The new study, conducted by researchers at the National Institute of Environmental Health Sciences (NIEHS) in the US, together with the Syracuse University, adds to a mounting body of evidence linking genstein to reproductive problems.
Female mice that were injected with genistein during the first five days of their life were found to have reduced fertility, or to be totally infertile, according to the study, which was published in the January issue of Biology of Reproduction.
The latest findings follow previous research by the NIEHS that showed that mice given genistein immediately after birth had irregular menstrual cycles, problems with ovulation, and problems with fertility as they reached adulthood.
The scientists now say that these reproductive problems are partly a result of alterations to the ovaries during early development caused by the soy component.
The newly born mice that received high doses of genistein were found to have a high percentage of oocytes- or egg cells- remaining in clusters, which means these were less likely to be fertilized.
However, the study also points out that although newborn mice treated with genistein have multi-oocyte follicles (MOFs), and egg cells derived from these have a reduced fertilization rate, there is no proof that this is the case in humans.
In other words, it is still unclear if genistein has an effect on human egg cells.
But, according to Dr David Schwartz, NIEHS director, "although we are not entirely certain about how these animal studies on genistein translate to the human population, there is some reason to be cautious. More clinical studies are needed to determine how exposure during critical windows of development can impact human health."
However, it is also worth noting that the levels of genistein used by the scientists were significantly higher than what might be found in an average soy-based infant formula.
Genistein is found in soy-based infant formulas as part of a blend of phytoestrogens, or soy components. According to one manufacturer of the product, average levels of genistein found in the phytoestrogen blend used in its line of infant formulas ranged from 8 to 18 percent.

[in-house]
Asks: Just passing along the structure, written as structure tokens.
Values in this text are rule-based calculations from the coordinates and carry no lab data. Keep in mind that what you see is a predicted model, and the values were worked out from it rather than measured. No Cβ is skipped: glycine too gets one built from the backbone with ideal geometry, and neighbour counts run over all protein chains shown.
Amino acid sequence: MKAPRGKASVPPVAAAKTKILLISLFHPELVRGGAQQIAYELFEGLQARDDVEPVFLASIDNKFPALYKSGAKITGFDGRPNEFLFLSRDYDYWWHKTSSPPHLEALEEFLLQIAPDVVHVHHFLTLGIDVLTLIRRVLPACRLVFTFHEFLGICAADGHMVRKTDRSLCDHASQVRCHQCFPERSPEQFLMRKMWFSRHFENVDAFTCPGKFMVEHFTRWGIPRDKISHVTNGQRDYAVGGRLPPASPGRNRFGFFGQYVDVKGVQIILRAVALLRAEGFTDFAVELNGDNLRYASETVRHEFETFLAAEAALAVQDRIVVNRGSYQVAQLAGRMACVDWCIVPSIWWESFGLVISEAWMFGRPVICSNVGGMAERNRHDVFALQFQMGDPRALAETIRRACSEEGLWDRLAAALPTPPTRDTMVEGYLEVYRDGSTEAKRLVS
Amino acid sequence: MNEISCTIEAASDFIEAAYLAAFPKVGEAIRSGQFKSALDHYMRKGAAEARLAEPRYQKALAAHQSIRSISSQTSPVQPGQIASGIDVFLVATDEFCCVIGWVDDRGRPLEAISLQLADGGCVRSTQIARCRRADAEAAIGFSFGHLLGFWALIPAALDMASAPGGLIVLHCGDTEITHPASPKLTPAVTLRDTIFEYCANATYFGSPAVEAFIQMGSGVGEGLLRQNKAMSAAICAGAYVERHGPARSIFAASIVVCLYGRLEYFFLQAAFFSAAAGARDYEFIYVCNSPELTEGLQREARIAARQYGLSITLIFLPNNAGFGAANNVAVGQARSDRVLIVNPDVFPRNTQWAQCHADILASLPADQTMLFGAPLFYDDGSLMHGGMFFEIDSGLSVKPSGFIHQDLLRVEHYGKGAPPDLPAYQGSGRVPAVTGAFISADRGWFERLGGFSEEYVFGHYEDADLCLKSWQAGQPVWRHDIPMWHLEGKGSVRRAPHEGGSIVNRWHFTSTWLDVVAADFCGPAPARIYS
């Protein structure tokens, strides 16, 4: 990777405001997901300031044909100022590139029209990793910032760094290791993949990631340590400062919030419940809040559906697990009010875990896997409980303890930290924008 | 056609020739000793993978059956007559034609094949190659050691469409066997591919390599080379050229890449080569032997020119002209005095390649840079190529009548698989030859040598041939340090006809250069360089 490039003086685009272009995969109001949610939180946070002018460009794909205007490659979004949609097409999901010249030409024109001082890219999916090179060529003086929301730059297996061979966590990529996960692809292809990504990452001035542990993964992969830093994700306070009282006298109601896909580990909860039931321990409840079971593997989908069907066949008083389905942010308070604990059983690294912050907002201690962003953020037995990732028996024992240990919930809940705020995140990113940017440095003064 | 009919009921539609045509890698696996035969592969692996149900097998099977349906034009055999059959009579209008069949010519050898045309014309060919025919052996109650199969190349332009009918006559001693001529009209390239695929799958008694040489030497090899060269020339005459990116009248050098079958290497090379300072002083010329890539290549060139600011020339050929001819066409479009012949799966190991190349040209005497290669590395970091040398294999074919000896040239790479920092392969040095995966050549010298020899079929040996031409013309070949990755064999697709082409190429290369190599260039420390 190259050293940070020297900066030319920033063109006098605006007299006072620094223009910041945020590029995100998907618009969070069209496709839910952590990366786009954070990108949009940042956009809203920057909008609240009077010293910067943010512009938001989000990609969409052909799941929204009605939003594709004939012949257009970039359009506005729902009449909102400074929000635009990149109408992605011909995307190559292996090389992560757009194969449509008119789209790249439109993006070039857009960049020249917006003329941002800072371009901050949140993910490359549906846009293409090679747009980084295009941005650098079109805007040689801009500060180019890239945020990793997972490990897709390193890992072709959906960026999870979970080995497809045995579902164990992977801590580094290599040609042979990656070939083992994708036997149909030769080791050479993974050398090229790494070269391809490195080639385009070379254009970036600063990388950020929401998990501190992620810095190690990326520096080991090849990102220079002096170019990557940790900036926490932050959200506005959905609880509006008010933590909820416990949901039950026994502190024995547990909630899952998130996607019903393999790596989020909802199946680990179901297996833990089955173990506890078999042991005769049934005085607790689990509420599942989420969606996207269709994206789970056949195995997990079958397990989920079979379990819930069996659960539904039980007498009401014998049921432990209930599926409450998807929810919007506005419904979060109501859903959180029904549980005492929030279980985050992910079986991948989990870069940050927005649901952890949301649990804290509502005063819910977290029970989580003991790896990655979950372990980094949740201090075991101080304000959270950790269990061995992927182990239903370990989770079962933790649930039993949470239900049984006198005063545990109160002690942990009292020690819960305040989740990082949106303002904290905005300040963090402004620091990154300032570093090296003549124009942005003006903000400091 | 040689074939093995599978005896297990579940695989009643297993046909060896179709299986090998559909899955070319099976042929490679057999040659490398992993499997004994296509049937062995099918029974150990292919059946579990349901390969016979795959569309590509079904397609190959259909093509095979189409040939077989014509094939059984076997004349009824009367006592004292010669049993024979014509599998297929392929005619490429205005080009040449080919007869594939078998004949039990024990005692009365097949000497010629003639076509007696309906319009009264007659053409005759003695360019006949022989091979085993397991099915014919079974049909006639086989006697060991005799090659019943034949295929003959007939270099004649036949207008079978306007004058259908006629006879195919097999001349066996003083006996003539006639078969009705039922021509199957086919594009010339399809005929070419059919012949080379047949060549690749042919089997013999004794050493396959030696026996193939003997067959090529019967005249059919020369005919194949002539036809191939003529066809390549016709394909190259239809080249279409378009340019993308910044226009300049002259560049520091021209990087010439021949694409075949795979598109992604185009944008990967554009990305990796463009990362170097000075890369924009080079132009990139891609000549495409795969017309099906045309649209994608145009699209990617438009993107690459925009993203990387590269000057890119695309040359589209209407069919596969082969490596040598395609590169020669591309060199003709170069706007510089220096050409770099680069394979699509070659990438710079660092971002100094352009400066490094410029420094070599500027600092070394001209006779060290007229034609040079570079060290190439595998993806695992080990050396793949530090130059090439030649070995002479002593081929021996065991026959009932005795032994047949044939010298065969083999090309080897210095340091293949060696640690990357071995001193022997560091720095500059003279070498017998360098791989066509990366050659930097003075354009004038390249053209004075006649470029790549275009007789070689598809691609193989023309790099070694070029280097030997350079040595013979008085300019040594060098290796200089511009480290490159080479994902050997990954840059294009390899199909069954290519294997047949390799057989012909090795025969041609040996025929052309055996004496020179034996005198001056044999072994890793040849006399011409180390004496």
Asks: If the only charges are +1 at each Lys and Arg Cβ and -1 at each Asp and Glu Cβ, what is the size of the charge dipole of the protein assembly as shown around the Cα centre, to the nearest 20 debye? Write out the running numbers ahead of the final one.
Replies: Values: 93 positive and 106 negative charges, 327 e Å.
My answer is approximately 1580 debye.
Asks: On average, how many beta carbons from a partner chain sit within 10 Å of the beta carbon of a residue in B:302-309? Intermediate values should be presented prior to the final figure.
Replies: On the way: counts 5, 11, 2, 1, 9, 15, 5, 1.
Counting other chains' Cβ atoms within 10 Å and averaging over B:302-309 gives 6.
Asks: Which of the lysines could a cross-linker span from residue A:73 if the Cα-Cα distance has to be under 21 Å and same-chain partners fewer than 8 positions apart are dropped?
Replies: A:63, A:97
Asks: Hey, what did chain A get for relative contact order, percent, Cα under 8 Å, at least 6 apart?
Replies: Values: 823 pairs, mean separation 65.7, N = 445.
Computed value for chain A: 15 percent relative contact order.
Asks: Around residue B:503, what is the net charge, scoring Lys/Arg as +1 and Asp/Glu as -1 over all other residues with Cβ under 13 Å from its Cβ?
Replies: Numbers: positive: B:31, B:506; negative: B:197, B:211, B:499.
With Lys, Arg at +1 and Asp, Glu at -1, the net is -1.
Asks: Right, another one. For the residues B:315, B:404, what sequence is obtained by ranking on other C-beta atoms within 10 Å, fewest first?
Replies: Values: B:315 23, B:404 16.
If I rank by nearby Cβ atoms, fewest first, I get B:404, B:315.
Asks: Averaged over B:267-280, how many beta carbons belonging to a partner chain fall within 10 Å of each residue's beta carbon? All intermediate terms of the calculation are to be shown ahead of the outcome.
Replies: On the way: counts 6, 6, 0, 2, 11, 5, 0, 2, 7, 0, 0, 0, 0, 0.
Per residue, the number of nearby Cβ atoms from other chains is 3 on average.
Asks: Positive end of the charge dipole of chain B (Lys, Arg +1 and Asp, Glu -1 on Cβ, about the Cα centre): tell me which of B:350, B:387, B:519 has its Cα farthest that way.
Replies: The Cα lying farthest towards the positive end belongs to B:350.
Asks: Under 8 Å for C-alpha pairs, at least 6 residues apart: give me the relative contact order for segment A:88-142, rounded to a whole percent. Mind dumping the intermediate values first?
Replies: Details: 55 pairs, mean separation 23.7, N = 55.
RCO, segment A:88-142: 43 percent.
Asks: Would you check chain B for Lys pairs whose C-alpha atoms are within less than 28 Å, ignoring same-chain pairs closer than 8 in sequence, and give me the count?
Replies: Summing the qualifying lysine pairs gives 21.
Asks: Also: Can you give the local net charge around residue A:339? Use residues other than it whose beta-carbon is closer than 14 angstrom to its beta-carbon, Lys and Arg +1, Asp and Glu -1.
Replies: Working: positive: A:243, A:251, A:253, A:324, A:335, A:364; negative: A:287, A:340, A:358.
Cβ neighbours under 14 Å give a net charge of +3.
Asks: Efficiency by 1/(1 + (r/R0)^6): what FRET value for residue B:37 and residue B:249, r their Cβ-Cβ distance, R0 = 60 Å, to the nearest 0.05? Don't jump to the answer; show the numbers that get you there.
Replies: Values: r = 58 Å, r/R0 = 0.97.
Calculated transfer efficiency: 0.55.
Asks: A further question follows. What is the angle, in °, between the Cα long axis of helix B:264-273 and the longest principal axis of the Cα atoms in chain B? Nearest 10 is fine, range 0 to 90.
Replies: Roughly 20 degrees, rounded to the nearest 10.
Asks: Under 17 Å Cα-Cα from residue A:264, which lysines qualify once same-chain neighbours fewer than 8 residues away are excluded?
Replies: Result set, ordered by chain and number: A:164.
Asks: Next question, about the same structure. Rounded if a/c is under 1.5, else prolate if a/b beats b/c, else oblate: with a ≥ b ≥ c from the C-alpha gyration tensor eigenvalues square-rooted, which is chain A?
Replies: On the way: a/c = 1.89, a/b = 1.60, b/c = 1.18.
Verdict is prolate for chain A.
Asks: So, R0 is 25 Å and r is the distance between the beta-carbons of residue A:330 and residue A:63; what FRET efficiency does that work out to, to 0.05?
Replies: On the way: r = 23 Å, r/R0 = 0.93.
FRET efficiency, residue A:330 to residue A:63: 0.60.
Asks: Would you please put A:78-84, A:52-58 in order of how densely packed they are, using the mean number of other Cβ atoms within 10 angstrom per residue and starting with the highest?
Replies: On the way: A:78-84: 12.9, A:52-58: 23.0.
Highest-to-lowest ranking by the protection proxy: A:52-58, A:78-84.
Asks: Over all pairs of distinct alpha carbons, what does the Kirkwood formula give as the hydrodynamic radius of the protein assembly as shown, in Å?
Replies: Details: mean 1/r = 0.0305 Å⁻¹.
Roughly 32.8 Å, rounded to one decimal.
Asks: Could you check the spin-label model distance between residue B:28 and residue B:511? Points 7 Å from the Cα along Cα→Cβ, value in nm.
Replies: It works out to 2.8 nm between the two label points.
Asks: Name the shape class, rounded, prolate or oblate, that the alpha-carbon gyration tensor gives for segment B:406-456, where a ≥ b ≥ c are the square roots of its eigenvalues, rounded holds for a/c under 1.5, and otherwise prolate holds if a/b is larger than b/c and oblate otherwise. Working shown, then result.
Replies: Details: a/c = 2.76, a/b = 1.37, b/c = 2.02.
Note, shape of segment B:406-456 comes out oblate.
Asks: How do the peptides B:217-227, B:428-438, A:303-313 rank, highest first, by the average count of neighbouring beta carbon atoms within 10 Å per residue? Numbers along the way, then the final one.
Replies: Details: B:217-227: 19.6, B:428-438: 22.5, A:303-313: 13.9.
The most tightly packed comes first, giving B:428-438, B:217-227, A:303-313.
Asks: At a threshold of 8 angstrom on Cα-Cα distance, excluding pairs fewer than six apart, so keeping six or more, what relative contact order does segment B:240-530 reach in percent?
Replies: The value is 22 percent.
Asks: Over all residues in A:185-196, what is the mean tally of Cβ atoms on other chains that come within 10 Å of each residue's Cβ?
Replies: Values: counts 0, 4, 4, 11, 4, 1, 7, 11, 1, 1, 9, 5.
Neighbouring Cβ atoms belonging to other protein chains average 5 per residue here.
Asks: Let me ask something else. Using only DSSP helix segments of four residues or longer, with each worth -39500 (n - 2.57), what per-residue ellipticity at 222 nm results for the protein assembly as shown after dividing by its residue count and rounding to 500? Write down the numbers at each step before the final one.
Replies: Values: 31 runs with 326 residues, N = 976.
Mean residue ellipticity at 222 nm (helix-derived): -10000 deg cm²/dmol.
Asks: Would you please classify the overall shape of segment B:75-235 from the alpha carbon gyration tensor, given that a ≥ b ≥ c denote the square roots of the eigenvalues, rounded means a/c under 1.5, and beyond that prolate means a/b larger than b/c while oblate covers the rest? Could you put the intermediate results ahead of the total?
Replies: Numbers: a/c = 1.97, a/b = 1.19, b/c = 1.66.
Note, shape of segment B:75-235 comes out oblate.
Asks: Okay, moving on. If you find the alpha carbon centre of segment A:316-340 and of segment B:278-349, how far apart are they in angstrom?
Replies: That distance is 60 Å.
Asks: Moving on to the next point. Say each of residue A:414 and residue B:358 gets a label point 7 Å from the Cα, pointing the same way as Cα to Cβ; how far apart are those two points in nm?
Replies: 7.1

And whereas the mice in the study were injected with 50mg/kg of genistein, an average level of phytoestrogen blend-only a proportion of which is genistein- found in an infant formula is 4mg/kg, based on guidance from the British Dietetic Association.
However, this is not the first study that has linked soy - and specifically the compound genistein- to fertility problems.
Last year a team of UK scientists, headed by Dr Lynn Fraser, professor of reproductive biology at King's College London, revealed that genistein could damage human sperm.
Animal studies on genistein have previously raised other concerns. A 2004 study on newborn piglets found that the compound inhibited intestinal cell growth.
And in 2003, research on rats showed that males whose mothers were fed genistein did not achieve full sexual development as adults.
But the majority of scientific studies so far have focused on the health benefits of soy, and there is a growing awareness amongst consumers that the product is high in fiber, protein and minerals yet low in saturated fat and free of cholesterol.
In 1999 the Food and Drug Administration (FDA) approved an unqualified health claim linking consumption of soy foods to a reduced risk of coronary heart disease. According to a 2000 report in FDA Consumer, consumption of soy foods increased 20 percent per year since 1995 and the approval of this claim led to surging interest.
The link between soy and heart health was also recently reinforced when a study published in November revealed that soy protein containing isoflavones could help reduce two strong indicators for coronary heart disease in postmenopausal women.
Other studies have also indicated that components found in soy could help reduce cholesterol, prevent high blood pressure, alleviate menopause symptoms and maintain bone density.